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  • Devouring Streets: Jules Janin and the Abjection of Paris
  • Margaret Miner (bio)

Janin . . . nous parlait avec toutes les langues, miel et épines de roses, nous fouettant avec l’ironie et nous pardonnant avec l’estime et les paroles sérieuses . . .

Et nous reconduisant jusqu’à la porte de son cabinet, il nous dit: “Voyez-vous, jeunes gens, il ne faut pas trop, trop de conscience!”

Jules and Edmond de Goncourt, Journal

Nirgends, es sei denn in Träumen, ist noch ursprünglicher das Phänomen der Grenze zu erfahren als in Städten. . . . Als Schwelle zieht die Grenze über Straßen; ein neuer Rayon fängt an wie ein Schritt ins Leere; als sei man auf eine tiefe Stufe getreten, die man nicht sah.

Walter Benjamin, Das Passagen-Werk


Before Haussmann set to work renovating it in the 1850s, the center of the French capital was worse than inaccessible. Every route leading into it, “[t]outes les larges rues pénétrant en deçà des boulevards intérieurs venaient buter, en quelque sorte, contre la masse compacte des habitations formant l’ancien Paris, que perforaient seulement des rues étroites et des ruelles, comme les cheminements tortueux des [End Page 780] insectes dans le cœur d’un fruit.” 1 So, at least, writes Charles Merruau, a political journalist who sat on the Municipal Council and served as secretary general for the Prefecture of the Seine under Napoléon III. The problem, as Merruau evokes it, was not so much that getting through the core of Paris had become utterly impossible by the end of the July Monarchy. It was rather that one still could—and often had to—squirm through this unavoidable district, burrowing over to shop at “la fourmilière des Halles,” 2 to worship at Notre-Dame, to work (like Merruau) at the Hôtel de Ville, to study (like the young Haussmann) at the schools honeycombing the Latin quarter, or to die at the Hôtel-Dieu. With a particular kind of attraction, the rotten core of Paris—the pear-is ruled by the Roi-Poire Louis-Philippe, as an opposition journalist might have quipped 3 —drew citizens like crawling bugs into its zone of defilement, repulsion, fermentation, nourishment. And if this attraction kept operating for decades on a massive scale, it would seem (“en quelque sorte,” ventures Merruau) to have been largely because of the streets. Too narrow for anything but wriggling insects yet too wide to block even lumbering carts, the streets in the city’s heart were menaces and magnets, holding circulation at the limit of the humanly bearable. They functioned neither as connectors nor as dividers and simultaneously as both.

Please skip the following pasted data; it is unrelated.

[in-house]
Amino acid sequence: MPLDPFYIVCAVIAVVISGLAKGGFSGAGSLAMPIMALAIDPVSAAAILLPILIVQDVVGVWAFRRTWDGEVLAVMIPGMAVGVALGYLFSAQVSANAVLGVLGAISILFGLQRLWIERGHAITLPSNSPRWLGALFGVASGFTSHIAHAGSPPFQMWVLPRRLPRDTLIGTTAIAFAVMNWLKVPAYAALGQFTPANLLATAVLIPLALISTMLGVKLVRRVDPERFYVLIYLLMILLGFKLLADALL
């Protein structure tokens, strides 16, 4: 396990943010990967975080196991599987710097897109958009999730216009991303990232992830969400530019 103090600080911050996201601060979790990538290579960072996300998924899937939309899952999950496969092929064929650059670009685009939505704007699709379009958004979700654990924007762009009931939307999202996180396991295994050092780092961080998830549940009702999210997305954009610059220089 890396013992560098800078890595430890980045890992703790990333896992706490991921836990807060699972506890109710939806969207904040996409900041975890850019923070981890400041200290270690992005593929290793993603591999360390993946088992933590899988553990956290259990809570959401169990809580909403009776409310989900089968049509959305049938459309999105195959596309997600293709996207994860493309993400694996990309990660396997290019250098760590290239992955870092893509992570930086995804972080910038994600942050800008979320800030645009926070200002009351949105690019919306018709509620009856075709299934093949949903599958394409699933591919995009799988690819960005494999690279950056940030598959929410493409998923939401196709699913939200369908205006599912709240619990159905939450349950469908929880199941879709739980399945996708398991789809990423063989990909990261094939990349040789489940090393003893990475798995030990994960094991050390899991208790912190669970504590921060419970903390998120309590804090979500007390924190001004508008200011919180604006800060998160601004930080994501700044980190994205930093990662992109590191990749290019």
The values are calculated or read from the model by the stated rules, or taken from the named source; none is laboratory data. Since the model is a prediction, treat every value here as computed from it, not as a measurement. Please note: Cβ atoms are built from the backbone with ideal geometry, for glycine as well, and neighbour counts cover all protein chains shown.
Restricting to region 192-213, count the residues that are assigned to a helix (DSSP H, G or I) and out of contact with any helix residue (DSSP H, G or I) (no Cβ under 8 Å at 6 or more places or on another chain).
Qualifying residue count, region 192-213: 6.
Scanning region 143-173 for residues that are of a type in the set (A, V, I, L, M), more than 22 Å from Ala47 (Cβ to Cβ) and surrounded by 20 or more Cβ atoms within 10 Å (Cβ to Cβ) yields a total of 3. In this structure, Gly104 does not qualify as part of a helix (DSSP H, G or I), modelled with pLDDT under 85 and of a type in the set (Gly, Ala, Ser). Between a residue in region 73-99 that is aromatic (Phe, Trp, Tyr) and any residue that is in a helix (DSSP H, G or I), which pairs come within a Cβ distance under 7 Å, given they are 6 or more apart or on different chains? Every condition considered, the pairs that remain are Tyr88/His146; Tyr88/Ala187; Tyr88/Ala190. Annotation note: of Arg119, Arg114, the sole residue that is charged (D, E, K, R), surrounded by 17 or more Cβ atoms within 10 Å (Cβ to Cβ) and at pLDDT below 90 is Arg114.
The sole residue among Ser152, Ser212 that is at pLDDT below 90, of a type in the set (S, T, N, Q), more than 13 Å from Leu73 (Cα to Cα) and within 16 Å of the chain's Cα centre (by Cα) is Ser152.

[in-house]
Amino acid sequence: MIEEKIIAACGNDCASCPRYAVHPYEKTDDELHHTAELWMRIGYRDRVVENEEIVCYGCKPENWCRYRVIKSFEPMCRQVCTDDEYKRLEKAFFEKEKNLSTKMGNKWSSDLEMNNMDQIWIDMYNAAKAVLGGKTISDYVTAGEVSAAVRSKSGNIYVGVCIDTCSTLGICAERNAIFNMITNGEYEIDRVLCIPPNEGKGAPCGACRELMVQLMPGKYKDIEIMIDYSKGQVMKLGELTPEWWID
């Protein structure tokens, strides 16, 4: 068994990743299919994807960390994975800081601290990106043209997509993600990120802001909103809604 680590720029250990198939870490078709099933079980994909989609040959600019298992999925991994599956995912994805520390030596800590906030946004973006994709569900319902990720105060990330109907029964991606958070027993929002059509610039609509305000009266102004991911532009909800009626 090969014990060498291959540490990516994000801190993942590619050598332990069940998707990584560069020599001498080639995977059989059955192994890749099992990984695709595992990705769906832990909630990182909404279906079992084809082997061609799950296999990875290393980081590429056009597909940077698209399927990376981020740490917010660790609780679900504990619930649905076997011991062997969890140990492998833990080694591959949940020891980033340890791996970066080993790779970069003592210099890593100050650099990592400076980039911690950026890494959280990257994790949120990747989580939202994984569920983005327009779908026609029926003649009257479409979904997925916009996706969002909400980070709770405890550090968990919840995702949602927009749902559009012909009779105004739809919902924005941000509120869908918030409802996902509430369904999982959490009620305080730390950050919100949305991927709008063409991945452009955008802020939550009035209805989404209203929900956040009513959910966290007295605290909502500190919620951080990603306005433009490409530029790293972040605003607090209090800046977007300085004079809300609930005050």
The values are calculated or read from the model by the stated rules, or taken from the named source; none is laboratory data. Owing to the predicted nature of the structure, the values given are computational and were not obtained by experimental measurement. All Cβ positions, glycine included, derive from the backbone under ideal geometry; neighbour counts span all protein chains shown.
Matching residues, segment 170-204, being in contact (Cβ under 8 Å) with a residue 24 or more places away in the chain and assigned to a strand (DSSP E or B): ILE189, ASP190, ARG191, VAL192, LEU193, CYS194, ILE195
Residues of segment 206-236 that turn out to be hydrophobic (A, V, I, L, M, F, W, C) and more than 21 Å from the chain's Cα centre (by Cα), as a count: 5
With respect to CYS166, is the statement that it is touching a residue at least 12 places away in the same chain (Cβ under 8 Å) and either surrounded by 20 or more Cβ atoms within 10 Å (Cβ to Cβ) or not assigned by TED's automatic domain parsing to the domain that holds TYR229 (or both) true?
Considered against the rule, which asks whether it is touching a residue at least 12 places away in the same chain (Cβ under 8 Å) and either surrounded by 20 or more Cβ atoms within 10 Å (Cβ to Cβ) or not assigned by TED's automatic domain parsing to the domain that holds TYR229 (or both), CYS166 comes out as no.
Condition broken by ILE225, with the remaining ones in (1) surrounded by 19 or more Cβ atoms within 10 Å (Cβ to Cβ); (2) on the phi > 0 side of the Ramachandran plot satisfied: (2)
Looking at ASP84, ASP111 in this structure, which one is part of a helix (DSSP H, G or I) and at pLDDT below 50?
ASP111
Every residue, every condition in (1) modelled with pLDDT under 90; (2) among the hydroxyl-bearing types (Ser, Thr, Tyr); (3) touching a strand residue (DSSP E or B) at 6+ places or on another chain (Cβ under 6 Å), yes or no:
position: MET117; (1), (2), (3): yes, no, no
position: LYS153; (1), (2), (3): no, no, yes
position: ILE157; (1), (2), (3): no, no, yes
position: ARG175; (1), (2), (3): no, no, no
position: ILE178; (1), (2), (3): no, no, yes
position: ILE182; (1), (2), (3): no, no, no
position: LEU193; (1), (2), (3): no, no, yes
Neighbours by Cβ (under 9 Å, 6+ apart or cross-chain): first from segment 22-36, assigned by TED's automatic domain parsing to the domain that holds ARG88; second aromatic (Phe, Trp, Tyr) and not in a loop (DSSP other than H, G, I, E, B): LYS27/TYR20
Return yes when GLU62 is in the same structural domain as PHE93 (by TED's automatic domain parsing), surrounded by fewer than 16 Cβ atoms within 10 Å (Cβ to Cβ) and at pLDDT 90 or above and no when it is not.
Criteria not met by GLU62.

Merruau, a prominent journalist with a taste for administration, concentrated on material conditions in the decrepit Paris that Haussmann was about to take in hand. Jules Janin, a well-known journalist with a bent for literature and the arts, found Paris as compelling a subject as Merruau, but was less willing to separate its physical decay from its moral ferment. Writing the introduction for Les Français peints par eux-mêmes, a collective, multivolume series published in the early 1840s, Janin determinedly shoves his collaborators into the traditional line of moralists running from Theophrastus through La Bruyère. But what this latter could accomplish alone in the circumscribed society of the ancien régime, declares Janin, only a large committee of writers, worming their way individually throughout the city and regrouping afterward, could hope to manage in the [End Page 781] tentacular Paris of the mid-nineteenth century. 4 By Janin’s account, it is not merely the overbuilt streets of this Paris that slow up circulation and force his colleagues to fan out. It is also the inextricable pile-up of moral values and their extravagantly lived consequences that congests the city: “Dans [cent ans], l’on entendra parler d’une capitale d’un grand royaume qui absorbait le royaume tout entier, qui attirait à elle toute fortune et toute beauté, toute intelligence et tout génie, toutes les vertus, mais aussi tous les crimes, toutes les poésies mais aussi tous les vices.” 5 To write from inside this distinctively urban...

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